Does employment protection inhibit technology diffusion?
This work explores the relationship between employment protection policies and technology diffusion. An examination of cross-country data uncovers a strong negative relationship between the extent of employment protection and the diffusion of information technology. A general equilibrium, vintage capital model is then developed that accounts for the long run relationship between employment protection and diffusion. The model economy is characterized by constant job and establishment turnover, with such turnover depending partly on the process of technological change. It is capable of reproducing a number of statistics that characterize job and establishment turnover in the US economy. Employment protection suppresses both entry and adoption and delays exit, retarding diffusion as observed in the data. Additionally, the effect of industrial subsidies on diffusion is explored. Income subsidies substantially change the structure of turnover by delaying obsolescence, and have a detrimental effect on output and welfare. Capital subsidies accelerate diffusion but have a large and negative impact on output and welfare, even though their target is the encouragement of investment in productivity. An examination of data on industrial subsidies offers some support for these predictions.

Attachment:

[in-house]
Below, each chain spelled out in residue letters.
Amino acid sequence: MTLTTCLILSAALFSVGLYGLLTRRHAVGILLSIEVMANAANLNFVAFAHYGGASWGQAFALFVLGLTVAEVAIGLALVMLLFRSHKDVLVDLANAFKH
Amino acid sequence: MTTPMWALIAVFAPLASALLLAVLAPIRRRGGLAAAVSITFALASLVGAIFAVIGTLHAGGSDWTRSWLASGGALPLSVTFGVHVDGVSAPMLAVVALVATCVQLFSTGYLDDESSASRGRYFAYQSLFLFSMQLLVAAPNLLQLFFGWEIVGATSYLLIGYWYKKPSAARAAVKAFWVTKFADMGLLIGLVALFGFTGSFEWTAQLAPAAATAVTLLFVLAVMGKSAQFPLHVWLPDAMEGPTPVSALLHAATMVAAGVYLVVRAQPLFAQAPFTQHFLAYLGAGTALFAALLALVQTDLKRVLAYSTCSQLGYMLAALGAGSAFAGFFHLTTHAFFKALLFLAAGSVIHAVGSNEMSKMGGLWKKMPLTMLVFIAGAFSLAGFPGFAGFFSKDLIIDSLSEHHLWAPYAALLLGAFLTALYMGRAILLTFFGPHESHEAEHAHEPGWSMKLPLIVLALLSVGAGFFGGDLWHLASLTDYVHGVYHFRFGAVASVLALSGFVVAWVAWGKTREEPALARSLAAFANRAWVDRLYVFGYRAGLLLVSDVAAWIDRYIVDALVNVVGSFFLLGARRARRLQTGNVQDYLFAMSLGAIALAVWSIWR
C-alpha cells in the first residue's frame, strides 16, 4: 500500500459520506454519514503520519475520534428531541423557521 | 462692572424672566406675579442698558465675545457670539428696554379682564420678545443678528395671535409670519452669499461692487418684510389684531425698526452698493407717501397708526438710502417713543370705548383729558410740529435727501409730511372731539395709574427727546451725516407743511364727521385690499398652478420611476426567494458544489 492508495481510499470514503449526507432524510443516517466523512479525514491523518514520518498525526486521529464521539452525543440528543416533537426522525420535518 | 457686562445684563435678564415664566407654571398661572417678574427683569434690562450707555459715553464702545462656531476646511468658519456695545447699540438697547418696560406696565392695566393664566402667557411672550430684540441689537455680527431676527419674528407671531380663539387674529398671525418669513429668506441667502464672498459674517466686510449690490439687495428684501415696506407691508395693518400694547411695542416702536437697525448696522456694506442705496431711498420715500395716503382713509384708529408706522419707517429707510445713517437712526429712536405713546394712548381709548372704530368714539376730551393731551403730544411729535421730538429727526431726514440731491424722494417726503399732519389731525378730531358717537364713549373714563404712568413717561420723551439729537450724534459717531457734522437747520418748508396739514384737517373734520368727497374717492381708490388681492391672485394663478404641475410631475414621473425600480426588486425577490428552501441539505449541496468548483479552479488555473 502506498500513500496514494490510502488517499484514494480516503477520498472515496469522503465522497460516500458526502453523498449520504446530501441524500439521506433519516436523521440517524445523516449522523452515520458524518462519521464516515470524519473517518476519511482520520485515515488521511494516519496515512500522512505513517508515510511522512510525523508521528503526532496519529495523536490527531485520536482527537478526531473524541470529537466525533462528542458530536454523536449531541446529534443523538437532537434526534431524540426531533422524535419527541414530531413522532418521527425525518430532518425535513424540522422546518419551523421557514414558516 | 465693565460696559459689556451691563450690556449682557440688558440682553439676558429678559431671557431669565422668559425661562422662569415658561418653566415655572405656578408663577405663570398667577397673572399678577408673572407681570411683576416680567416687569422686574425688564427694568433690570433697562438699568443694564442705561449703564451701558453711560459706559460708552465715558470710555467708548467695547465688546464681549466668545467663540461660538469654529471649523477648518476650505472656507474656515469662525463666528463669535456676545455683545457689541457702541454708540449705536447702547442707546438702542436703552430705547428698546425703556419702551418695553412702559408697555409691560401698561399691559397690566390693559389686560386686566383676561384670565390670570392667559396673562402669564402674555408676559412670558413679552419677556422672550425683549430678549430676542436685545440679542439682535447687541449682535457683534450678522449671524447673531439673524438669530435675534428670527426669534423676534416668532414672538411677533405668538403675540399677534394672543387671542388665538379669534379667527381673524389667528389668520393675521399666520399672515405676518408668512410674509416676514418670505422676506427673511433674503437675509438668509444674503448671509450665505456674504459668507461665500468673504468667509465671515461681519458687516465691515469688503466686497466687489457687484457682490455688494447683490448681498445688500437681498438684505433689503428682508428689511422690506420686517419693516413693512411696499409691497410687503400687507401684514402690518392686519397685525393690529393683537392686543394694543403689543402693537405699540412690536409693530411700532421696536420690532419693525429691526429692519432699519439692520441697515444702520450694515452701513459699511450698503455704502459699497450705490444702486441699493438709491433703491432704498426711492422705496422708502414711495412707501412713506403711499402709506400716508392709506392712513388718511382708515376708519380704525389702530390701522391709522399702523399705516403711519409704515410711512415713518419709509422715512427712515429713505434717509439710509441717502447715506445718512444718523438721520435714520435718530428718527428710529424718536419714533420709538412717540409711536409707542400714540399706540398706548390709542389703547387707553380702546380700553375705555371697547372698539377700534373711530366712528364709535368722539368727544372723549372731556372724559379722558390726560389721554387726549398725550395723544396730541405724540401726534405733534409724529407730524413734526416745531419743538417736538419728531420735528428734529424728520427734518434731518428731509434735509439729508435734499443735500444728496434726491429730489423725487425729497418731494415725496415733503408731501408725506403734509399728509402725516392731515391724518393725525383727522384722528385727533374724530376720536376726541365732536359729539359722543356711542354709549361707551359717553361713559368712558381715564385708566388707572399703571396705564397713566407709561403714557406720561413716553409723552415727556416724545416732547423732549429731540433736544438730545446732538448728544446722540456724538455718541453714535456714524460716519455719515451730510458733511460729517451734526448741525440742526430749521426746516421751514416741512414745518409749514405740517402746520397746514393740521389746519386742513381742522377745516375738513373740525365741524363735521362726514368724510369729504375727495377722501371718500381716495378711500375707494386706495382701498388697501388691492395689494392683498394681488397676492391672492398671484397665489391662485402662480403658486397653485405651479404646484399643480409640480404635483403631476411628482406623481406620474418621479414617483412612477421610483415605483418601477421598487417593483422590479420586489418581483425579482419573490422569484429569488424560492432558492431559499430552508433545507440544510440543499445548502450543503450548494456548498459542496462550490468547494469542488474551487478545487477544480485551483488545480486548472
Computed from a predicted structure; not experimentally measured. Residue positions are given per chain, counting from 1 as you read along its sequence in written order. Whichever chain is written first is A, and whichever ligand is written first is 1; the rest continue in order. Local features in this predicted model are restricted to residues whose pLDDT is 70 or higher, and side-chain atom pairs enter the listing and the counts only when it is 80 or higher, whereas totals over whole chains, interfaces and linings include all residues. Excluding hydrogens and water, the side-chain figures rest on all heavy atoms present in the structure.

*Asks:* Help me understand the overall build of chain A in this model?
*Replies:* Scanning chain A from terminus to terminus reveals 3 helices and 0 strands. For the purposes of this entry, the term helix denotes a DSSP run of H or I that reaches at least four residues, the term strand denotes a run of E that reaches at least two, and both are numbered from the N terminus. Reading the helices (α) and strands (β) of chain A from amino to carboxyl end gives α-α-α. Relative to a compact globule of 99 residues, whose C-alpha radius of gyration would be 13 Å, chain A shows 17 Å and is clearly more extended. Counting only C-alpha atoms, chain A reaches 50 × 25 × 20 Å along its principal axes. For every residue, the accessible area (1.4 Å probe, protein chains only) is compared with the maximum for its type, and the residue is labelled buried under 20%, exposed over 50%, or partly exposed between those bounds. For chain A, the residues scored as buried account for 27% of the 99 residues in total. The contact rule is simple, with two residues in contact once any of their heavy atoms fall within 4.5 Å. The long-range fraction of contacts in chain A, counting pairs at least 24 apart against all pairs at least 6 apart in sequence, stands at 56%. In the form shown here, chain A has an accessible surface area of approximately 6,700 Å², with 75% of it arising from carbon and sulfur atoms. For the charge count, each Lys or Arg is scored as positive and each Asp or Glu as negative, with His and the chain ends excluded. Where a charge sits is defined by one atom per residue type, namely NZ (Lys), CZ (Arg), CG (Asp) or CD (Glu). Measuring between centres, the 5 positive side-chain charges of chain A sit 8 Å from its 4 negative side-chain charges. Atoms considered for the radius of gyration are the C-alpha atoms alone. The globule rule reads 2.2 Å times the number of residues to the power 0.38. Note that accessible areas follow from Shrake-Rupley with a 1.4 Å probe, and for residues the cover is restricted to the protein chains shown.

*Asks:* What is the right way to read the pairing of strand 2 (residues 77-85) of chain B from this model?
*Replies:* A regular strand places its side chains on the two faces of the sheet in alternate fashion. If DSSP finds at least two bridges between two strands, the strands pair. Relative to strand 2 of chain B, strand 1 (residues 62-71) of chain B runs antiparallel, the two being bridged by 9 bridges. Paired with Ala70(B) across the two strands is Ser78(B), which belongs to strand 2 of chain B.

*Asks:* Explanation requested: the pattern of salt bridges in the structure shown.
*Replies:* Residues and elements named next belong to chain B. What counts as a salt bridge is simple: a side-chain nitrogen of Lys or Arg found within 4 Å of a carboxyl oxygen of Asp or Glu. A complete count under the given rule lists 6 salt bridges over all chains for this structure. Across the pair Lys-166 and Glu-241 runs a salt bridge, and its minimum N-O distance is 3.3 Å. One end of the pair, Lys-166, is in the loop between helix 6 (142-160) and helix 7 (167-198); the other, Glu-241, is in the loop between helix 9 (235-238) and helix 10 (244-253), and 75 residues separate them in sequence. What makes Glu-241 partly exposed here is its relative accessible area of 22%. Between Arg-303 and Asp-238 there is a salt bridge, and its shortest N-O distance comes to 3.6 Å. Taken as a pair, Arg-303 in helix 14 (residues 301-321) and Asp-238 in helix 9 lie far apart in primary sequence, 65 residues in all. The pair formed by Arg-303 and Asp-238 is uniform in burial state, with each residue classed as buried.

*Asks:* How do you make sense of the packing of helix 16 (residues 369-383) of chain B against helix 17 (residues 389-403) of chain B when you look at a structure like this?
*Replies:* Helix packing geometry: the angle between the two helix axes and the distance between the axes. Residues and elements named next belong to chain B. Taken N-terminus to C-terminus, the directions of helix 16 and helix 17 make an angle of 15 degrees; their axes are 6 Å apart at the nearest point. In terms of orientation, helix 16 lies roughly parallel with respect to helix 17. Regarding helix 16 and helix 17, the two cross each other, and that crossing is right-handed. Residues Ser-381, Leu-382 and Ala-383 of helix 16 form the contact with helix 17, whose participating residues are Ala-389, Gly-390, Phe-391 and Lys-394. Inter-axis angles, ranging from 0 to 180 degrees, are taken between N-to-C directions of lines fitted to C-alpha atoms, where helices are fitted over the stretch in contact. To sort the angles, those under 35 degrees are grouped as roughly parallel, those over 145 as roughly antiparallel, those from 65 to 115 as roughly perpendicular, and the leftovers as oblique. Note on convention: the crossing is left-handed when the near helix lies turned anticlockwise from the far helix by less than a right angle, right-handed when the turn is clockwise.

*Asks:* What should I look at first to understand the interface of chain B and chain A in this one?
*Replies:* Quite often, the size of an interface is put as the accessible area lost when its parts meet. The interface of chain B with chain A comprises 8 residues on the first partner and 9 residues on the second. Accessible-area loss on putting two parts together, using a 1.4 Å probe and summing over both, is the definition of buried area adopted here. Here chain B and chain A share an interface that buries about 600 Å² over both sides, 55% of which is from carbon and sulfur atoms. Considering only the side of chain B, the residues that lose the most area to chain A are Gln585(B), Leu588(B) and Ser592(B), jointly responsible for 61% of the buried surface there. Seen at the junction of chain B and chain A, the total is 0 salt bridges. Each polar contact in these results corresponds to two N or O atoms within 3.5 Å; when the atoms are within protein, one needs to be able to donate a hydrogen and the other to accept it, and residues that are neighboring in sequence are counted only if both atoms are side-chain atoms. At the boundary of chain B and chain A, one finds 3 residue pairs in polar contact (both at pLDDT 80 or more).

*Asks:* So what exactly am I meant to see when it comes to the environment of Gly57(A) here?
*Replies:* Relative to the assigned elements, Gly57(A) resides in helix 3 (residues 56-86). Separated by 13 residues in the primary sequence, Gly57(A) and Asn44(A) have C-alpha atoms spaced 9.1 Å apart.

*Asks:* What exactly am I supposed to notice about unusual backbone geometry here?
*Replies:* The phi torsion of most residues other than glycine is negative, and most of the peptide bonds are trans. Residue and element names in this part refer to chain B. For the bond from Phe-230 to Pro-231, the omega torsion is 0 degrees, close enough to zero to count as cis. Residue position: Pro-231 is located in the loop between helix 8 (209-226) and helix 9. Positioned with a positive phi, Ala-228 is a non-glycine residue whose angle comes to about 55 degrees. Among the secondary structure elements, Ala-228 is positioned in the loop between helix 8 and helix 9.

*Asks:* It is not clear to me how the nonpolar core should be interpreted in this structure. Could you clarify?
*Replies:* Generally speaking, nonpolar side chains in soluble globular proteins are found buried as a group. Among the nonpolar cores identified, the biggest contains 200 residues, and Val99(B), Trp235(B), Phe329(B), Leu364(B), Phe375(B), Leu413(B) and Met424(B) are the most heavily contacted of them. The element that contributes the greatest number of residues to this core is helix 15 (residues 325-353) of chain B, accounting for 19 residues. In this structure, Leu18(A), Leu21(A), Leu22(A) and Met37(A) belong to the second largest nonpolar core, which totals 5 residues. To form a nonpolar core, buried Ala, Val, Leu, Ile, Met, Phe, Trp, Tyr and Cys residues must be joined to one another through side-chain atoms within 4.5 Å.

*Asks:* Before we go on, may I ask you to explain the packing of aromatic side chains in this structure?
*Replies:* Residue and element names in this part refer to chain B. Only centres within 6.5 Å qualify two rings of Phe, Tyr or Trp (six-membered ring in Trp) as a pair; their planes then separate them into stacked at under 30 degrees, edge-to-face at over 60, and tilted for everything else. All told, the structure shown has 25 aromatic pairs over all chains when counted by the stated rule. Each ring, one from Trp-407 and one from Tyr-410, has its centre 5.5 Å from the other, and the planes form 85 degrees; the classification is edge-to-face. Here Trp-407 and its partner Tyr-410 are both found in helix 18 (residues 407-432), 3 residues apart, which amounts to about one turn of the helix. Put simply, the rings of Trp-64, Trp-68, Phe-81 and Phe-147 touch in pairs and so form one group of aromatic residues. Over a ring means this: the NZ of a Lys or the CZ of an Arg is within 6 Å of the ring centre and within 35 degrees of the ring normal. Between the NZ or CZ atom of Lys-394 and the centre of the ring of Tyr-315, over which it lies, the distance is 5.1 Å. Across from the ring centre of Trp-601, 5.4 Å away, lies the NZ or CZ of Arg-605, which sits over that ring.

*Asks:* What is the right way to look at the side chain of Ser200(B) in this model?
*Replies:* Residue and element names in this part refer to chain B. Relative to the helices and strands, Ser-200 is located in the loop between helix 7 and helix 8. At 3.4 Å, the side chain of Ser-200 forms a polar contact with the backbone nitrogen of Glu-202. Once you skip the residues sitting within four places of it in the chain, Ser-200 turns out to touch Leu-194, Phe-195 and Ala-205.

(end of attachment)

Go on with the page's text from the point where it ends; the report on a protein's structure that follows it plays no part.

|Year of publication:||
|Authors:||Samaniego, Roberto Mantaro|
|Type of publication:||Other|
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